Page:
- Remembering Nick Ashford and Jerry Leiber : NPR 082311
Melissa Block talks with soul singer Ben E. King about the passing of two legendary songwriters, Nick Ashford and Jerry Leiber, this week. Nick Ashford of Ashford and Simpson co-wrote some of Motown’s biggest hits including “Ain’t No Mountain High Enough.” He died at Monday at age 70. Jerry Leiber penned the lyrics for songs such as “Jailhouse Rock” for Elvis — and one of Ben E. King’s signature tunes “Spanish Harlem.” Lieber also died on Monday. He was 78.
- The Cafe – Discovering a piece of Bosnian life – YouTube 083112The Cafe – Discovering a piece of Bosnian life
- How Music May Help Ward Off Hearing Loss As We Age : Shots – Health Blog : NPR 082211
Older people often have difficulty understanding conversation in a crowd. Like everything else, our hearing deteriorates as we age. There are physiological reasons for this decline: We lose tiny hair cells that pave the way for sound to reach our brains. We lose needed neurons and chemicals in the inner ear, reducing our capacity to hear. So how can you help stave off that age-related hearing loss? Try embracing music early in life, research suggests. “If you spend a lot of your life interacting with sound in an active manner, then your nervous system has made lots of sound-to-meaning connections” that can strengthen your auditory system, says Nina Kraus, director of the Auditory Neuroscience Laboratory at Northwestern University. Musicians focus extraordinary attention on deciphering low notes from high notes and detecting different tonal qualities. Kraus has studied younger musicians and found that their hearing is far superior to that of their non-musician counterparts.
- PLoS ONE: Musical Experience and the Aging Auditory System: Implications for Cognitive Abilities and Hearing Speech in Noise | Parbery-Clark et al. 2011
[from abstract] Given that musical experience positively impacts speech perception in noise in young adults (ages 18–30), we asked whether musical experience benefits an older cohort of musicians (ages 45–65), potentially offsetting the age-related decline in speech-in-noise perceptual abilities and associated cognitive function (i.e., working memory). Consistent with performance in young adults, older musicians demonstrated enhanced speech-in-noise perception relative to nonmusicians along with greater auditory, but not visual, working memory capacity. By demonstrating that speech-in-noise perception and related cognitive function are enhanced in older musicians, our results imply that musical training may reduce the impact of age-related auditory decline.
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About the Flaneur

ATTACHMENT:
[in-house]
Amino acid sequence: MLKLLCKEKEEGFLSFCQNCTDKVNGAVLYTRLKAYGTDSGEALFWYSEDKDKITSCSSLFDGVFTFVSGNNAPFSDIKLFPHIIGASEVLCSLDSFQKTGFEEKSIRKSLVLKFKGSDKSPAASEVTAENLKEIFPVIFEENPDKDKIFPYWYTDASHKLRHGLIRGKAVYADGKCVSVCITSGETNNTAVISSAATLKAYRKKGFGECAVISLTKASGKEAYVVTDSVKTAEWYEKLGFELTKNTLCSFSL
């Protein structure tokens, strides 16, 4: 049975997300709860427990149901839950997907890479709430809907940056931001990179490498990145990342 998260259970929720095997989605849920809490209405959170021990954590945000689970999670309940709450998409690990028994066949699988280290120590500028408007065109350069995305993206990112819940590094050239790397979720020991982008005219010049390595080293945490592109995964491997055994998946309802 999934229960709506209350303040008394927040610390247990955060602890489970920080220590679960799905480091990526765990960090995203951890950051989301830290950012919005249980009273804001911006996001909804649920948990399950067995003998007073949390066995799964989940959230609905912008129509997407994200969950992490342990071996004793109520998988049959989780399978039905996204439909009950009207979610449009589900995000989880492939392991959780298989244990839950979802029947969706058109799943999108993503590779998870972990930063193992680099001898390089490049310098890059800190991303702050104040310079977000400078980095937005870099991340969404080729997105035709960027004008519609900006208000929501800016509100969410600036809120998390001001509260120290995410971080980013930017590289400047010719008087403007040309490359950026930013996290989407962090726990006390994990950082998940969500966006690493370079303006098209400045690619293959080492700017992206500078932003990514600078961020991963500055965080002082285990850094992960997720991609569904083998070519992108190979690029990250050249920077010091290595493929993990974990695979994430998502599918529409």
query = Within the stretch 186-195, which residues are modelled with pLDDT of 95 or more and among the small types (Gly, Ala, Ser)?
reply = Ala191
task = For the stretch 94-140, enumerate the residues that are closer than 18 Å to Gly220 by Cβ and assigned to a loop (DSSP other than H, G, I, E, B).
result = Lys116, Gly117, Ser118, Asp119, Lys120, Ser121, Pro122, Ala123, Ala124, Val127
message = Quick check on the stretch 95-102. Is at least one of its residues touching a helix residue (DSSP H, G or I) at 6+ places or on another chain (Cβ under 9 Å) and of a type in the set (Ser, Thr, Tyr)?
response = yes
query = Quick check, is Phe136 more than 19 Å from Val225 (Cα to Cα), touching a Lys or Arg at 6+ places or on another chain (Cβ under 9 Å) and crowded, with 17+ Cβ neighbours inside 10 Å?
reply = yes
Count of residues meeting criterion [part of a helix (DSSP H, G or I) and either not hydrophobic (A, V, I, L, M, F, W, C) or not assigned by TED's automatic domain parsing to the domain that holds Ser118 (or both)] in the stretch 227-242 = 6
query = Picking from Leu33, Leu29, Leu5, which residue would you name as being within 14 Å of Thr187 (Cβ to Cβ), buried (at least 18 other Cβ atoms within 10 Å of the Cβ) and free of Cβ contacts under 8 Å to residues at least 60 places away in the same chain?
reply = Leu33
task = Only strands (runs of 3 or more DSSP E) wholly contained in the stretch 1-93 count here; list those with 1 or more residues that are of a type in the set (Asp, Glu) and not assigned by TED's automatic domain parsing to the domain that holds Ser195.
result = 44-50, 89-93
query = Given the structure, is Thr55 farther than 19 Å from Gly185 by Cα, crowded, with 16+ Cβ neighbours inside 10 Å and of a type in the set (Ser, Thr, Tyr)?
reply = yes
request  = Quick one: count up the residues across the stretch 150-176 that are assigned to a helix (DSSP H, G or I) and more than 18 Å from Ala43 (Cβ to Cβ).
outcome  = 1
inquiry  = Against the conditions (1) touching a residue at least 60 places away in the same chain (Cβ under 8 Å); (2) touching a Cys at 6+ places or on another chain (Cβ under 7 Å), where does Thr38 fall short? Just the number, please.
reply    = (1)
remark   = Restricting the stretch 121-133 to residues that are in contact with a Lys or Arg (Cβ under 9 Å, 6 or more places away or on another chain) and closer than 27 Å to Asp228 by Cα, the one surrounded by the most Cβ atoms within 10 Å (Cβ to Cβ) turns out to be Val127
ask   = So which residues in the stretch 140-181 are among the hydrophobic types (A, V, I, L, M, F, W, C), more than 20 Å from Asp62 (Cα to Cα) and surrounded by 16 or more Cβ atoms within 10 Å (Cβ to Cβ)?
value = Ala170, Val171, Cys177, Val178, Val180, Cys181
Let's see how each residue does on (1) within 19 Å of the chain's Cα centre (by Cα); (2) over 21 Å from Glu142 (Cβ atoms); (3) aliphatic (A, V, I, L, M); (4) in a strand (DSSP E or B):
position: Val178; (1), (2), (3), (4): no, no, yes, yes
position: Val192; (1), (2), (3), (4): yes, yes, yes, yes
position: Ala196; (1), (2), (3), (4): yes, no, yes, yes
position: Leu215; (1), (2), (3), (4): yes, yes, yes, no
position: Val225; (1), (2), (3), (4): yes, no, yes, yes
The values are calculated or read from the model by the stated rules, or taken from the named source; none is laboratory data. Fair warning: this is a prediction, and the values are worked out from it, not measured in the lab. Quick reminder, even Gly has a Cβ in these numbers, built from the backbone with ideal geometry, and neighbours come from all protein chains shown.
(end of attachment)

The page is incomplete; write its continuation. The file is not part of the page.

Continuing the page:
I walk through my blindness the way I wander down streets in Paris: unfettered and alive, alert to the raw material of the senses. I am a flaneur. Come along with me. Just don’t try to take my arm, unless I ask. What’s a flaneur? Read the first post, Return of the Flaneur to Galerie Vivienne. After that, try Foot Rage and the Blind Flaneur. Then stay tuned.
Letting Go of Sight
I’ve canoed on Lake Superior for almost as many years as I’ve been losing eyesight. I return year after year like a migrating loon to learn the other side of a slow, uncertain process that we could call “going blind.” After 35 years with the lake as my teacher, I know what lies on the other side. I call it letting go of sight. Read Big Water. See more about the Great Lakes.
Not This PigIf there is an emerging genetic underclass, I could run for class president or class clown. Read more in Not This Pig (2003).
Media in Transition @ MiT
Disabled Americans today have to negotiate for the kinds of accommodations made for FDR, and the caveat “reasonable accommodation” is built into the law. President Franklin Roosevelt did not have to negotiate. He could summon vast resources of the federal government – money as well as brains – to accomplish the work of disability. And it was accomplished with such thoroughness and efficiency that its scale could be called the Accessibility-Industrial Complex had it been directed toward public accommodations and not solely the needs of a single man. Read FDR and the Hidden Work of Disability [MiT8 2013]
Shepard Fairey claimed that his posterization of a copyrighted AP news photo of Barack Obama was a transformative work protected by the fair use doctrine. In other words, it was a shape-shifter. I claim fair use, too, when I reproduce and transform copyrighted works into media formats that are accessible to me as a blind reader. Read Shape-Shifters in the Fair Use Lab [MiT6 2009]
The social engineers who created a system for licensing beggars in New York never imagined that a blind woman had culture or could make culture. She herself may not have imagined it, either. In the moment when Paul Strand photographed her surreptitiously on the street in 1916, he could not have expected that one day blind photographers would reverse the camera’s gaze. Read Curiosity & The Blind Photographer. [MiT5 2007]